If necessary, you might could also pull the bell crank arm on shaft coming out of the tranny and re-attach after rotating it one spline in the direction that suits ya best, then fine-tune with the linkage bar.
Thanks for looking. This was my thought as well.
Looking at the diagram (and its recommended prescribed length) makes me wonder if it might pinch or create friction at the ball joints though..
 

670cc

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CapeMan has it right in post #3. The front lock nut appears to be the left hand thread.

I would avoid moving the bellcrank to a different spline location on the shifter shaft. Doing so alters the geometry of the
linkage in unfavorable ways. The dot punched on the shift shaft end indicates where the bellcrank clamp slot should be located.
 

CapeMan

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Yep, ideally, you'd like to see both crank arms parallel (and of the same length) so that any degree of rotation by one arm is exactly matched by the same rotation on the other. And resetting the tranny bell crank by one spline would, indeed, throw this relationship off a bit. For that matter, shortening or lengthening the link arm does this too, to a more limited extent.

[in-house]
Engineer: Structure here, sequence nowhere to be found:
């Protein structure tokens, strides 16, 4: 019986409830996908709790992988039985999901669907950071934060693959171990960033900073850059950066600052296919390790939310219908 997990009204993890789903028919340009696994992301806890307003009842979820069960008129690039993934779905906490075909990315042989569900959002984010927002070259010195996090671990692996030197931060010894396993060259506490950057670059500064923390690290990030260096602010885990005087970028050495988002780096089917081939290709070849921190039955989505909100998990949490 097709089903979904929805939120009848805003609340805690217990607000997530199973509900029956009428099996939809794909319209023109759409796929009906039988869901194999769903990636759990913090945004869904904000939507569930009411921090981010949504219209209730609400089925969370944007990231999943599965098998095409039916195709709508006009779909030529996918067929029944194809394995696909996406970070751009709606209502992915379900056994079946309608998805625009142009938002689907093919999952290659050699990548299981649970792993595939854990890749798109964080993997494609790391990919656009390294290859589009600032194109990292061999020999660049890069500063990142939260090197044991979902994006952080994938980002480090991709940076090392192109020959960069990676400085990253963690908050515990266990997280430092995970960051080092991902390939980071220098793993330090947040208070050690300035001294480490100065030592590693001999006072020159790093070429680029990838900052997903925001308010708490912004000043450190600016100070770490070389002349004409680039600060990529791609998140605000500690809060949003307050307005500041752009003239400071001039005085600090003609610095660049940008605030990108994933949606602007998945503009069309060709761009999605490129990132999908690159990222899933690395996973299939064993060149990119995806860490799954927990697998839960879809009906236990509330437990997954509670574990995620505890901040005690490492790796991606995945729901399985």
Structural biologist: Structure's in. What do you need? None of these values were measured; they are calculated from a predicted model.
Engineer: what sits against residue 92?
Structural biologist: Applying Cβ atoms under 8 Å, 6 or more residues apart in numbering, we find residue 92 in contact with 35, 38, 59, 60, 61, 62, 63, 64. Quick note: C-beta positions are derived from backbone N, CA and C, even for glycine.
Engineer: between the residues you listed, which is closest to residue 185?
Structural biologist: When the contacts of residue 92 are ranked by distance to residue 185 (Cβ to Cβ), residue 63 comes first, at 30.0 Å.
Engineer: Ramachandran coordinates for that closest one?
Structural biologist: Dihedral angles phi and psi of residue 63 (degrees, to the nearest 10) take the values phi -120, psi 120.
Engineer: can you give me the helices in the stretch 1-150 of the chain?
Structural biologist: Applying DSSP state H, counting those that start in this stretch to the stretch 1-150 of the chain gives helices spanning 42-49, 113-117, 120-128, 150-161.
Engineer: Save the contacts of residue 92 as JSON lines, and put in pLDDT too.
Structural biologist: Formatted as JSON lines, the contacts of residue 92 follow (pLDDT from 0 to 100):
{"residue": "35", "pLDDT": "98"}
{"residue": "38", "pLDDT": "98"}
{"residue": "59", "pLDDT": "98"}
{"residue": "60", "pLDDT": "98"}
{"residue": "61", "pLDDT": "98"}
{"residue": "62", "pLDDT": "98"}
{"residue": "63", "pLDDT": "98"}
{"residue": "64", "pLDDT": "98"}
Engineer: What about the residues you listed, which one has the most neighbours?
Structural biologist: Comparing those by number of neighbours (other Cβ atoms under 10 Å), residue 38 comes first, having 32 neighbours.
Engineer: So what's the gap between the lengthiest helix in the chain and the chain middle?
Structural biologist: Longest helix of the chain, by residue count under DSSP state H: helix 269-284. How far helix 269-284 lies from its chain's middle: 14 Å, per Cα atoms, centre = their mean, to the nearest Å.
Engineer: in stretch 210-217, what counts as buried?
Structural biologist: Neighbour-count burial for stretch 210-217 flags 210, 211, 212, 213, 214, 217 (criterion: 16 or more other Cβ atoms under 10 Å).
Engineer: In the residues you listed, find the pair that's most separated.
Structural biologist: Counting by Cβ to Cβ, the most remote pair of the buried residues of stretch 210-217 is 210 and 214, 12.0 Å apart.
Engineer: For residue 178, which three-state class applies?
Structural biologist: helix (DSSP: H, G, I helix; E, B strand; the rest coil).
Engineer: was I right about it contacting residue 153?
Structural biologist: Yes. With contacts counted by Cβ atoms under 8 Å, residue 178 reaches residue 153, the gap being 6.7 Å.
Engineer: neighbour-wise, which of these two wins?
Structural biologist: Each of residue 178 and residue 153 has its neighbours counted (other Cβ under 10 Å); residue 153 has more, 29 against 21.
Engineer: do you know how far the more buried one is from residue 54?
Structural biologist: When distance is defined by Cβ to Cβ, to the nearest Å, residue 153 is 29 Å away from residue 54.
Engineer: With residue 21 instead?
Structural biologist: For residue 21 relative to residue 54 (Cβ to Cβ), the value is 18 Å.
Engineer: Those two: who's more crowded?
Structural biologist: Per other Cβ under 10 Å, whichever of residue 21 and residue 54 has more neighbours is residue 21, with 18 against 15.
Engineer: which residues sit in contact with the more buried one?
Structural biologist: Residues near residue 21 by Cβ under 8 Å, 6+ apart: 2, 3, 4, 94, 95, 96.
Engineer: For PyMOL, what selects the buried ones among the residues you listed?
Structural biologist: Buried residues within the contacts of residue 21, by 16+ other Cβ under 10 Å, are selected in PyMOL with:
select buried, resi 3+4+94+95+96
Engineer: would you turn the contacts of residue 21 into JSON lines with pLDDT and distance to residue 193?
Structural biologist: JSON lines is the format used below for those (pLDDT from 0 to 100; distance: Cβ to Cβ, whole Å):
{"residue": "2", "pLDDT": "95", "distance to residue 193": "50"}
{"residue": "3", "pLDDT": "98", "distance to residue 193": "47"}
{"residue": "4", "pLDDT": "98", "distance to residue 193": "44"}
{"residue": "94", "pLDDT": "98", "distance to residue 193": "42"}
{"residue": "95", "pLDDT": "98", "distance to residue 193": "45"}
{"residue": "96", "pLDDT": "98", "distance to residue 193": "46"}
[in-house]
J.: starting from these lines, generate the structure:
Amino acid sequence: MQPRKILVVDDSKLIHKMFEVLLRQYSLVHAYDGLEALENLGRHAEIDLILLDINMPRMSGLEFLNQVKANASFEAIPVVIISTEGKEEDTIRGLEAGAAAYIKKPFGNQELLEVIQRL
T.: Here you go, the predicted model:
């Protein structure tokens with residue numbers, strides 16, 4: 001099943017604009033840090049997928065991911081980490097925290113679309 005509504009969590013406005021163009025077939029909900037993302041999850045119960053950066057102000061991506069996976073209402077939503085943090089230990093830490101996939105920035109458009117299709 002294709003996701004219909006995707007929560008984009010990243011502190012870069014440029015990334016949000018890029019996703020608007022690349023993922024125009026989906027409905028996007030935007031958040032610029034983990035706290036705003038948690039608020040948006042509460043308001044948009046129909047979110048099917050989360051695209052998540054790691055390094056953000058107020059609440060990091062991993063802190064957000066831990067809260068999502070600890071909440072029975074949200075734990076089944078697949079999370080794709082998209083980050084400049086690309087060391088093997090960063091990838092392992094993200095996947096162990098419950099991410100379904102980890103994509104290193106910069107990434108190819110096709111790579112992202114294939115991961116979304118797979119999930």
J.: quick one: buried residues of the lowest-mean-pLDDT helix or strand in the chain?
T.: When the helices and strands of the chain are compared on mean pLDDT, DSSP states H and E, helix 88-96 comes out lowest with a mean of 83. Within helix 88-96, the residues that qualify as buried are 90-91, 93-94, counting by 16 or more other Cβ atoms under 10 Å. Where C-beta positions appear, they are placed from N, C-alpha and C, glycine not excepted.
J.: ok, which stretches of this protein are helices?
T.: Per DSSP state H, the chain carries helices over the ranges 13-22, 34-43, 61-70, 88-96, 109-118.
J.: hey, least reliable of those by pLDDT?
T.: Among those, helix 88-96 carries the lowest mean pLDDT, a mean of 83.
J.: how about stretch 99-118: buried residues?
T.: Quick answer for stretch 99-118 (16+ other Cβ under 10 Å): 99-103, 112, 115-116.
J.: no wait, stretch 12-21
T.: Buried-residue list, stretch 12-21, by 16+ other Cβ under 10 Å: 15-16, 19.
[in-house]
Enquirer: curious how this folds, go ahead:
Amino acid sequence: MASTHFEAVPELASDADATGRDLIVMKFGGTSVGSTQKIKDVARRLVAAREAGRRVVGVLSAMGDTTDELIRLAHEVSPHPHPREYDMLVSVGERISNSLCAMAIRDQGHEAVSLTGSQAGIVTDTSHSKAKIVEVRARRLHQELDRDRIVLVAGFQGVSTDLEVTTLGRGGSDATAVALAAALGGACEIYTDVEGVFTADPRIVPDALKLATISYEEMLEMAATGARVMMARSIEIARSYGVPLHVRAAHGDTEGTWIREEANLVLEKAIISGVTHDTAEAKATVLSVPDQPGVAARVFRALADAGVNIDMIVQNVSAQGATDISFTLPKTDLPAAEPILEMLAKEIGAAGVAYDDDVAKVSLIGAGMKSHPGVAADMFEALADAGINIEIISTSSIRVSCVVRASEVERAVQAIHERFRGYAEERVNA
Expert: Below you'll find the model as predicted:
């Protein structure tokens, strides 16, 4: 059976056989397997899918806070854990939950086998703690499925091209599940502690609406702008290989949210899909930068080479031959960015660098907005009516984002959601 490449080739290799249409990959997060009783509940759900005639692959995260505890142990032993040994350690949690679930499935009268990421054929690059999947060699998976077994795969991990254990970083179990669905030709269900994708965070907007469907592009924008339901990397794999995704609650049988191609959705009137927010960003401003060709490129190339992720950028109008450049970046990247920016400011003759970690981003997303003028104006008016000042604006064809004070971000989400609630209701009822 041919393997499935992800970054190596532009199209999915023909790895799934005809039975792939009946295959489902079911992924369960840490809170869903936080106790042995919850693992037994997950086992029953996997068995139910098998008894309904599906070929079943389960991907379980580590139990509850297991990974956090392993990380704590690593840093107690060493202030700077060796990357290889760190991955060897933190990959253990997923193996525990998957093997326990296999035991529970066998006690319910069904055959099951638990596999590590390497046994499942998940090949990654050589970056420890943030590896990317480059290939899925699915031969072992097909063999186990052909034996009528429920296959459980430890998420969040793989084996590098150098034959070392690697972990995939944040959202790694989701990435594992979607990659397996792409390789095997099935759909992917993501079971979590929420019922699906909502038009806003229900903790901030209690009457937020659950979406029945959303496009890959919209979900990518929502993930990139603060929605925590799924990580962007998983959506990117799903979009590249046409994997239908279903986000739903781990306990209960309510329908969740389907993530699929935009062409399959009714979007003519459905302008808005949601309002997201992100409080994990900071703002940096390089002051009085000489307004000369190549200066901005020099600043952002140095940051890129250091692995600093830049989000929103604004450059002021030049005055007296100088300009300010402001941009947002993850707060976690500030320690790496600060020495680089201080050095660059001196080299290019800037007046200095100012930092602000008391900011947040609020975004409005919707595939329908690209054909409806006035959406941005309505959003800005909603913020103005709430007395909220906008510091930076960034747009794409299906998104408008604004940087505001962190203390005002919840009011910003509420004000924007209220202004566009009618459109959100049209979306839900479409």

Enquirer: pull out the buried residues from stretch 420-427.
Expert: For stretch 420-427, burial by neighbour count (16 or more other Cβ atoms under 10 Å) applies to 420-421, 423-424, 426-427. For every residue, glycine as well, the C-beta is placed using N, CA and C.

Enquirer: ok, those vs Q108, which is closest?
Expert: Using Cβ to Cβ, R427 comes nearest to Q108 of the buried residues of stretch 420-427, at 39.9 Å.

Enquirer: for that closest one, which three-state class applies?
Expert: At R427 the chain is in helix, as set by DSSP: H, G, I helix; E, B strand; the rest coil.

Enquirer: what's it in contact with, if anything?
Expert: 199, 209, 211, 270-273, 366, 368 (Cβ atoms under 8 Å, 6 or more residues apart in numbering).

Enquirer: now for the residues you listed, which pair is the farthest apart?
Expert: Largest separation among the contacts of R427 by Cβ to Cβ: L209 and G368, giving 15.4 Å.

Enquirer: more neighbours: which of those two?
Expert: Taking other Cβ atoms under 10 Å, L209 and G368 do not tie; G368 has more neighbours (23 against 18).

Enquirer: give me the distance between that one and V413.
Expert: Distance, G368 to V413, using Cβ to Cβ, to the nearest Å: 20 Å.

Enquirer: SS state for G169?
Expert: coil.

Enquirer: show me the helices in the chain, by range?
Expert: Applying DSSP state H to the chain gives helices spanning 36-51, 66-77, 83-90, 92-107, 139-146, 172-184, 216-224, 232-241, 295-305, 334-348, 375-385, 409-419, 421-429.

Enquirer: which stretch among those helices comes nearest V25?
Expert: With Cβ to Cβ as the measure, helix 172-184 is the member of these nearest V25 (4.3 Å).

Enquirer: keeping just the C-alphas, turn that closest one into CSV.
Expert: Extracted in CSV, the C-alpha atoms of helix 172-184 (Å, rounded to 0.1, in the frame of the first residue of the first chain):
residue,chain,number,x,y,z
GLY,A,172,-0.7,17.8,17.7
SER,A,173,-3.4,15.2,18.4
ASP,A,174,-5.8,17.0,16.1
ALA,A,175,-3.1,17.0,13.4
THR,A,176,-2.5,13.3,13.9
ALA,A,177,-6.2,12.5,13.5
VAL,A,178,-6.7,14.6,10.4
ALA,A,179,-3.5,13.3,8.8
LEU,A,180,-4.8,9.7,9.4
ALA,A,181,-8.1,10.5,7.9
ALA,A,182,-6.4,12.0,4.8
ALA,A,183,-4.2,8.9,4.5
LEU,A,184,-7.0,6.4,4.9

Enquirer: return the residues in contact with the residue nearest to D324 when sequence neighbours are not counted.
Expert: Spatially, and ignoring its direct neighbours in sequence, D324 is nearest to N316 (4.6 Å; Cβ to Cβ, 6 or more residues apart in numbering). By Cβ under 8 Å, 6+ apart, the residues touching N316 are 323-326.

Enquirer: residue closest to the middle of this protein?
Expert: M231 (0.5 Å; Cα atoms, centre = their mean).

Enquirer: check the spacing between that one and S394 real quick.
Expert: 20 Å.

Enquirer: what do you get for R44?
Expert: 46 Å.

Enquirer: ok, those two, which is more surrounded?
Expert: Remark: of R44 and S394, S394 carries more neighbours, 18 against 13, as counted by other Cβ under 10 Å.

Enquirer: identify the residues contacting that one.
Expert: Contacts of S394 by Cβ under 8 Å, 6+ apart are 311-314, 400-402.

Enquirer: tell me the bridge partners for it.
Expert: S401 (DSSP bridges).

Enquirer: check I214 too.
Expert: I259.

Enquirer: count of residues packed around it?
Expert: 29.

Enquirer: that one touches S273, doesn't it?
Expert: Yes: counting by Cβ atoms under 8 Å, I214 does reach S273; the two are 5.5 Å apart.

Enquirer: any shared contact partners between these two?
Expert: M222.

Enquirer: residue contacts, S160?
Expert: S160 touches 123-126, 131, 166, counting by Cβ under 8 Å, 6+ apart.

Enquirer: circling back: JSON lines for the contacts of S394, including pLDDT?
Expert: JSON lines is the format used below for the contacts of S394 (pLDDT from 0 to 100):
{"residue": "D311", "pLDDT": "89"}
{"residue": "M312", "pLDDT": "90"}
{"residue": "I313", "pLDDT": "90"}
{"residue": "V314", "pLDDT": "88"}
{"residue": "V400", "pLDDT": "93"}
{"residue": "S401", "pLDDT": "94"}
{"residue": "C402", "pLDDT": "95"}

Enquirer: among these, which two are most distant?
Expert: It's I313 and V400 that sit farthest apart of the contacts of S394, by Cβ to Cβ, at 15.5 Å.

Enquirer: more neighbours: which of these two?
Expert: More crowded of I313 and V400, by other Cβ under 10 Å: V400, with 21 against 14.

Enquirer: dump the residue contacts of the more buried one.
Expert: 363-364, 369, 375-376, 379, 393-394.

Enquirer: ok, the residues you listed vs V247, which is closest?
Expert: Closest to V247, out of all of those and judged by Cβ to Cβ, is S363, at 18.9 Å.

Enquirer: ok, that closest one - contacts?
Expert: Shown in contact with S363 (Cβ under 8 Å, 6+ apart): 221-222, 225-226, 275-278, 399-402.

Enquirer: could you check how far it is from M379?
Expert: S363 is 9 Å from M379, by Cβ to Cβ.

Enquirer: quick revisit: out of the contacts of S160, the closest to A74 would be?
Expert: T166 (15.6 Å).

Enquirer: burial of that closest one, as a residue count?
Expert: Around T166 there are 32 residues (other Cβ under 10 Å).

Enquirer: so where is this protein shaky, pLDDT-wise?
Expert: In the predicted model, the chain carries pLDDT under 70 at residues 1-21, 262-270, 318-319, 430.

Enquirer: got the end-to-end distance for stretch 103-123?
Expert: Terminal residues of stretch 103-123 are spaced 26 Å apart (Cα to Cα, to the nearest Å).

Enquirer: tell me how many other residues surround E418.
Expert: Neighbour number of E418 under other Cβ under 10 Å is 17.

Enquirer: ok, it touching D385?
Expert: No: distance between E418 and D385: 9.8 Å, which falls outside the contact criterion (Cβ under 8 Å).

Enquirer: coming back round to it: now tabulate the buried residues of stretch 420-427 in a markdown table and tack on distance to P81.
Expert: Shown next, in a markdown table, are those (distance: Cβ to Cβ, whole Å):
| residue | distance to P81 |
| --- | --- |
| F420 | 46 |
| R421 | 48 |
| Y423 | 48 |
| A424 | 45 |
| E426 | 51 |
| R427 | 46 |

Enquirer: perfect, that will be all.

But I'm not sure how significant this is. I mean, we're not talking about any kind of fine control mechanism here - there's probably a fair amount of slop in this linkage and the travel limits are, I think, set in tranny itself. I'd guess that as long as you're able to reach the upshift and downshift limits without getting the linkage out of whack or requiring excessive force, you'll be fine.

As far as this or any concerns about binding up the ball joints are concerned - my approach is to twiddle a wrench or two and just see how it all works. If you're not happy with what ya see, put it back the way it was. Start with the link arm first and see if that does the job.

Edit: And if you think you really need to maintain that linkage in full stock configuration, I'd guess about your only shot at raising the shift pad would be to cut and re-weld the arm or install lower foot pegs.
 
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Foxtrot144

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Edit: And if you think you really need to maintain that linkage in full stock configuration, I'd guess about your only shot at raising the shift pad would be to cut and re-weld the arm or install lower foot pegs.


Yeah that's what I was thinking over dinner tonight. It'd probably be safer and simpler to adjust the foot peg than the gear shift.

SW-Motech sells a set of adjustable footpegs for our bikes, at least they used to a couple years back.
 

670cc

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One of the first things I do with a new bike is to adjust all the controls to match me. That means adjusting the levers, the brake pedal height, and definitely adjusting the shifter lever. The shifter lever is adjustable for a reason. Adjust it!